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NASA Space

Astronaut Loses Tools While Performing an EVA 445

Posted by CmdrTaco
from the only-human dept.
tpheiska writes "NASA press release states that 'At approx. 3:33 p.m. EST, Piper reported that one of the Braycote lubrication guns had released grease into her toolbag. As she was cleaning the bag and wiping the tools and equipment inside, the bag floated away. Another bag carrying identical equipment is now being shared by Piper and Bowen.' Luckily they had a spare."
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Astronaut Loses Tools While Performing an EVA

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  • I was just wondering (Score:5, Interesting)

    by black_lbi (1107229) on Wednesday November 19, 2008 @10:34AM (#25816949)
    Why isn't the tools bag somehow linked to the suit? with a strap or something ...
    • by Cthefuture (665326) on Wednesday November 19, 2008 @10:36AM (#25816995)

      I was thinking the same thing. I mean it's not uncommon to use a tether on your bag while on Earth. It would make even more sense in space.

      • by Konster (252488) on Wednesday November 19, 2008 @11:18AM (#25817701)

        Except they are not on Earth.

        You don't want a tether on a bag full of stuff in orbit because it can act in pretty unpredictable ways, flailing about and risking the life of the person that's holding the bag is the first consideration. Guys, this isn't changing the oil on your car. A stray object can damage any one of the many couplings on the suit and rendering that suit inoperable very quickly. Bad news if you happen to be that person inside the suit at that time. Failure on Earth means you pick up the wrench and go back at it. Failure up there is a dead person on a mission with a multiples of billions of dollars pricetag hung off to the side.

        Further, they are trained on instrument loss...tools floating off, et cetera. Again, this is not Earth wherein you can grasp around with complete impunity looking for whatever tool that just spun out on the garage floor. Space walkers especially are trained far more on what they cannot do than what they can do. They can reach out very slowly to try and recover something that is drifting off, but any large effort means that they may also join that tool bag on its long, lonely orbit around the Earth. In the small and large scheme of things, an astronaut is of far more value than a wrench or any multitudes thereof.

        Also, yes, NASA knows a little bit about redundancy and especially so on space walks.

        Give our astronauts a bit of credit here. Tough job. Worst pay on the planet (or near it) for the risk. Awesome view, but colossal vertigo.

        A bit of trivia: space walker's microphones are muted for the first 30 seconds of their first space walk. Reason is this: in space, no one can hear you scream. And with the mic off, neither can Houston.

        • Re: (Score:3, Interesting)

          Unless the astronaut imparted enough force into the object to either give it escape velocity or cause it to reenter the atmosphere, shouldn't she (in theory) just be able to wait the 90 or so minutes till the next orbit and grab it when the two orbits intersect?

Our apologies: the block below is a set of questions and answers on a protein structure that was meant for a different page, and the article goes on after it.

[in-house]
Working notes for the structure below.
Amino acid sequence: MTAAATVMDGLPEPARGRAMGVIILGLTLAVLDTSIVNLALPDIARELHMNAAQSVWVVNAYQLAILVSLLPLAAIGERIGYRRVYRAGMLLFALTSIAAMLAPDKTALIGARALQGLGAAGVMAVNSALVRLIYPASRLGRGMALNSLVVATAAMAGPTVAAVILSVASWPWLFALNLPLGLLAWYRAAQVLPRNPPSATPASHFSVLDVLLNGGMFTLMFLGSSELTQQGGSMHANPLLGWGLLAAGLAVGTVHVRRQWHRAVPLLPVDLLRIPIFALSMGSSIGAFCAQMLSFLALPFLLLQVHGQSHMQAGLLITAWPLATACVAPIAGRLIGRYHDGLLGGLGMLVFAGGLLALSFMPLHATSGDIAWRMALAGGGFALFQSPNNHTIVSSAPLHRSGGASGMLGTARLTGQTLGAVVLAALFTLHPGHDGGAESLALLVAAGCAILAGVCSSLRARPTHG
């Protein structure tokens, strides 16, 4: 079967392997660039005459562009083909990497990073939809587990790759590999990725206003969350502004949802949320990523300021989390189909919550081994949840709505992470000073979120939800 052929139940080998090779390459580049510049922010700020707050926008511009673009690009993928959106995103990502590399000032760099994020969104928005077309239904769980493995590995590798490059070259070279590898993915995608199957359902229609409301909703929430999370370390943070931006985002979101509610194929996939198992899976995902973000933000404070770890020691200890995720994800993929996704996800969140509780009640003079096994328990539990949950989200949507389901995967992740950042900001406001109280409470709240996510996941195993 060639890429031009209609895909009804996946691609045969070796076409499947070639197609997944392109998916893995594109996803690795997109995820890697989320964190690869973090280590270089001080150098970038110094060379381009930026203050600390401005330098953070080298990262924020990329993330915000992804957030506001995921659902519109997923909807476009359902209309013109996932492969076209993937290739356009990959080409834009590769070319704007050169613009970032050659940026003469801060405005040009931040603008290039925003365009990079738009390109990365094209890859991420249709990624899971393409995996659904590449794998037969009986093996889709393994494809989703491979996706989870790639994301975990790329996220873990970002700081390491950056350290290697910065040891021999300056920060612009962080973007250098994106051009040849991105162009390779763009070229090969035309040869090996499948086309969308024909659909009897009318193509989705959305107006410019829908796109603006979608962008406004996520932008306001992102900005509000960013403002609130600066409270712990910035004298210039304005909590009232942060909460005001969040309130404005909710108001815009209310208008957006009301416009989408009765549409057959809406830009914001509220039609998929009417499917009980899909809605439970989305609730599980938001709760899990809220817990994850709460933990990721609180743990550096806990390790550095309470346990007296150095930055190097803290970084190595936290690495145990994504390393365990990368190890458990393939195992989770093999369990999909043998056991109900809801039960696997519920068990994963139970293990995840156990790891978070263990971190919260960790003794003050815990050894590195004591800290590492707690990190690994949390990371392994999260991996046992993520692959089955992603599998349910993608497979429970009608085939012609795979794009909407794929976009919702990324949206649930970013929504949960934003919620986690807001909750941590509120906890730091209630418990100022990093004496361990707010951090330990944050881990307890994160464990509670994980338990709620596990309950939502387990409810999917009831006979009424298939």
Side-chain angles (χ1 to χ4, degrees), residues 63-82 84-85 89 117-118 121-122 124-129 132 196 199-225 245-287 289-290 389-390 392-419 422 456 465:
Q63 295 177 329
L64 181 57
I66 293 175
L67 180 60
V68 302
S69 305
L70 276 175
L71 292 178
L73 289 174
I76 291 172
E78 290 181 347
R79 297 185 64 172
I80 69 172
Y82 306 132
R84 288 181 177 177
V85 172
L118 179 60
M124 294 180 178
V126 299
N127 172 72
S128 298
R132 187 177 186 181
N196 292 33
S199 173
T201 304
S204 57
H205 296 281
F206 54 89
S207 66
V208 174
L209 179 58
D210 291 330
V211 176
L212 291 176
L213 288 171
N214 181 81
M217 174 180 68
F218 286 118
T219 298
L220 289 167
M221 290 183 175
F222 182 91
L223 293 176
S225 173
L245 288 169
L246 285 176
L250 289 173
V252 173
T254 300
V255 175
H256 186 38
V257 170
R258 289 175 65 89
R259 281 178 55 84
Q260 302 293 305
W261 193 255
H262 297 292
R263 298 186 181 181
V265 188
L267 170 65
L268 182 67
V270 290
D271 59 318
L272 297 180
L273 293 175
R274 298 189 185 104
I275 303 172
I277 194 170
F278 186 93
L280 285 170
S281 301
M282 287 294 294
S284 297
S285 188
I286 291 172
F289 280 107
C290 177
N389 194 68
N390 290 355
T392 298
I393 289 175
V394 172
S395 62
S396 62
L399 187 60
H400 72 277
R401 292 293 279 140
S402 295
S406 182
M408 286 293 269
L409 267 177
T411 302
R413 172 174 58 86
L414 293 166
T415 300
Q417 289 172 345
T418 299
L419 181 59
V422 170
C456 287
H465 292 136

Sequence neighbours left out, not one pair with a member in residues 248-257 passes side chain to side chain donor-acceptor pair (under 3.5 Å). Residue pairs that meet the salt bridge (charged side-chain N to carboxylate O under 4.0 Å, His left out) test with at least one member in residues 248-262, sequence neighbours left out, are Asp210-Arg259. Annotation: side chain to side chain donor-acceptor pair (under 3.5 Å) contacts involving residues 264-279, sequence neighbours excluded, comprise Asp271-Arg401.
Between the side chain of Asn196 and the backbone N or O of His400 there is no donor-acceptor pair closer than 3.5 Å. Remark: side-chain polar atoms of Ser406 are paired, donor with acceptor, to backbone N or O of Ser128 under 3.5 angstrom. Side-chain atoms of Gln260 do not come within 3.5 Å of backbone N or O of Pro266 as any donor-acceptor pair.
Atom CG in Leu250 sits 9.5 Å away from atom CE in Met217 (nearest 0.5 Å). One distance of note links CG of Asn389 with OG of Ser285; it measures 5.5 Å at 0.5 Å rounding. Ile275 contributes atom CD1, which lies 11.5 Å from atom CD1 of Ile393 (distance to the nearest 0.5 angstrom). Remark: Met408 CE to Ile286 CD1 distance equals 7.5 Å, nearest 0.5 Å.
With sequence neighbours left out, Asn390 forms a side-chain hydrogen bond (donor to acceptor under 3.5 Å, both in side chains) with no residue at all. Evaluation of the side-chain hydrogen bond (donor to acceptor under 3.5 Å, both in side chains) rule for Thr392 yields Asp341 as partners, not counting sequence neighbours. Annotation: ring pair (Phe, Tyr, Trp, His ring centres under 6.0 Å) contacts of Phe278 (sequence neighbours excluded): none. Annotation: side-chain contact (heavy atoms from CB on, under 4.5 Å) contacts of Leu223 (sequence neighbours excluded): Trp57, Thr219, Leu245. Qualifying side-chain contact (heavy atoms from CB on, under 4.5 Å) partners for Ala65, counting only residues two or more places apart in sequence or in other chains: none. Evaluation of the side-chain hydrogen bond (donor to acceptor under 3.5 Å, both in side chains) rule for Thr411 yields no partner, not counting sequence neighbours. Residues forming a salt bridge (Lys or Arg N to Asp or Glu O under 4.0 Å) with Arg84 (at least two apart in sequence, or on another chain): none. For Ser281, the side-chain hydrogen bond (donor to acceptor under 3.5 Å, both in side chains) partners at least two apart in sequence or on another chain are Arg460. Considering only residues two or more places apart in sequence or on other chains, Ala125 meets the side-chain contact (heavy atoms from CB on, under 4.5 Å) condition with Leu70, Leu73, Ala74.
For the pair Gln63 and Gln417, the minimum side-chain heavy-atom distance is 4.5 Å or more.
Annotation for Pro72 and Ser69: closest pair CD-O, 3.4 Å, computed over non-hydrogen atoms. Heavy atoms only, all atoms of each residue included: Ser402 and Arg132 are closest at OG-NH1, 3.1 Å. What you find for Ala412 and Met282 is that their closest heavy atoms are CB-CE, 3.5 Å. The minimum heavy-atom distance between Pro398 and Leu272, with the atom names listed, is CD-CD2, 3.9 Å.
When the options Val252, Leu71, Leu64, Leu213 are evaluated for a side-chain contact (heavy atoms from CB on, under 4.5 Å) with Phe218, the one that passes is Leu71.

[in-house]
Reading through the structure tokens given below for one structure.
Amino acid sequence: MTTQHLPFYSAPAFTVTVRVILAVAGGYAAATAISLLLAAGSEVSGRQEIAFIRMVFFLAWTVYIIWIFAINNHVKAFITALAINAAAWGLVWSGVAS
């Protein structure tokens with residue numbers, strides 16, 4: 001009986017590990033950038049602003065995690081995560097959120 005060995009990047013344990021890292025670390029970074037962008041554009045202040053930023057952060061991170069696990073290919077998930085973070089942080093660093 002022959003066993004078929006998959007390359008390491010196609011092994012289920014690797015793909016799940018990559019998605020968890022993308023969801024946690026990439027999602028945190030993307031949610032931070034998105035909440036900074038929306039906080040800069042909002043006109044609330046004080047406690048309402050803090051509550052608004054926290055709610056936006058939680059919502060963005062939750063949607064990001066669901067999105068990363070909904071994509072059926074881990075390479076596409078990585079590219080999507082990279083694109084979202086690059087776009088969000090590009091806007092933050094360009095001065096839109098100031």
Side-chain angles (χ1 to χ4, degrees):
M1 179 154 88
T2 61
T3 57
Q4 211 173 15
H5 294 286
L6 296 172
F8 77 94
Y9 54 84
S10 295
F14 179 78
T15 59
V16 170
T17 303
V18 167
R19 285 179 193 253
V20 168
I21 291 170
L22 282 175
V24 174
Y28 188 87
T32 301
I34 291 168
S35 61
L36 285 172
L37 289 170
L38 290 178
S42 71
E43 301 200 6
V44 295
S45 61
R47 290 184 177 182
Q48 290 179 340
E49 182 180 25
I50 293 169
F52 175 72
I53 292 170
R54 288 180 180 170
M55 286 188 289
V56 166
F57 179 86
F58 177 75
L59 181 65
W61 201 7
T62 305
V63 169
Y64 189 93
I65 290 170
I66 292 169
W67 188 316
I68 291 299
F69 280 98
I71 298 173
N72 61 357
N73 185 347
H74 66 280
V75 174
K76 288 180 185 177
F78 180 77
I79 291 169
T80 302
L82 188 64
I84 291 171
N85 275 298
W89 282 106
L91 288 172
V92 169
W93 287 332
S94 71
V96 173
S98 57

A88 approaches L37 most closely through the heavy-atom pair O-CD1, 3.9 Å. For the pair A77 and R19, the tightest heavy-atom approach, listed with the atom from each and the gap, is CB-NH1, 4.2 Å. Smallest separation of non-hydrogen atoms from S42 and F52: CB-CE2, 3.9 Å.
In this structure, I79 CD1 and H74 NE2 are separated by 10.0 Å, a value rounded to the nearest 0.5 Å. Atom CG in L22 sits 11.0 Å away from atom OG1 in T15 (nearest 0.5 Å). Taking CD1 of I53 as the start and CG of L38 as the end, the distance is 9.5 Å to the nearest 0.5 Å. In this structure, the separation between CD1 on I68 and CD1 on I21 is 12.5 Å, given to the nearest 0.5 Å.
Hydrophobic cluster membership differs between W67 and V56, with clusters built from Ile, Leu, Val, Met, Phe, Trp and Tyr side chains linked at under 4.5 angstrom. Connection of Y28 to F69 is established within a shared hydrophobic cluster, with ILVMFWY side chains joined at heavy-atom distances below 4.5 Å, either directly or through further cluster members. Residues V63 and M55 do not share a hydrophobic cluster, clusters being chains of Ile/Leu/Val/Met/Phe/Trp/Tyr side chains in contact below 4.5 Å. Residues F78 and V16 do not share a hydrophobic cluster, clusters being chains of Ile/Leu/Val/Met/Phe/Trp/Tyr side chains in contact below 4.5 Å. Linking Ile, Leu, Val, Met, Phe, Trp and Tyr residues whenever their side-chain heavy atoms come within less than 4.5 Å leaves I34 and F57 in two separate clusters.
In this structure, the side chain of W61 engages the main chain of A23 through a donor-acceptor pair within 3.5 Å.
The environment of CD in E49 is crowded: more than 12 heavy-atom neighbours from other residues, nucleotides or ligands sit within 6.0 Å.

There's always the chance the object will interact with another NEO and not come back, but if no other force acts on it, it should just intersect orbits on the next revolution since it seems like very little force was imparted to the object to cha
          • by cowscows (103644) on Wednesday November 19, 2008 @11:55AM (#25818359) Journal

            If you let go of an object while in orbit, it doesn't just hover in that exact spot over the earth and wait for you to come back around. If it did, then the shuttle/ISS would likely collide with that object at a very high speed and it'd be game over. I'm not sure if that's what you're implying, but it certainly doesn't work that way

            The tool bag or whatever is orbiting the earth at the same speed as the astronaut. If I was that astronaut and I lightly pushed my tool bag away, it would mostly continue in the same orbit that it and I had before, plus it would have a small bit of momentum in whatever direction I shoved it. If I only pushed it lightly, then relative to me it would only be moving away very slowly. If it's moving away from me at one mile per hour, then after a 90 minute orbit, then it would be a mile and a half away from me, still moving away at that same speed.

            I guess theoretically, if you ignore any sort of air resistance causing orbital decay, if you shoved the toolbag in a direction that didn't change the altitude of the bag in relation to the earth, then it might eventually your path again, but it's not likely to happen.

            • by tom17 (659054) on Wednesday November 19, 2008 @12:12PM (#25818643) Homepage

              I think the original poster may be correct on this one.

              He was not implying that the object would stay still, rather that after the 'shove', the object would now be in a different orbit. The two orbits initially intersect at the point that the 'shove' finishes and no more force has been exerted in changing it's orbit.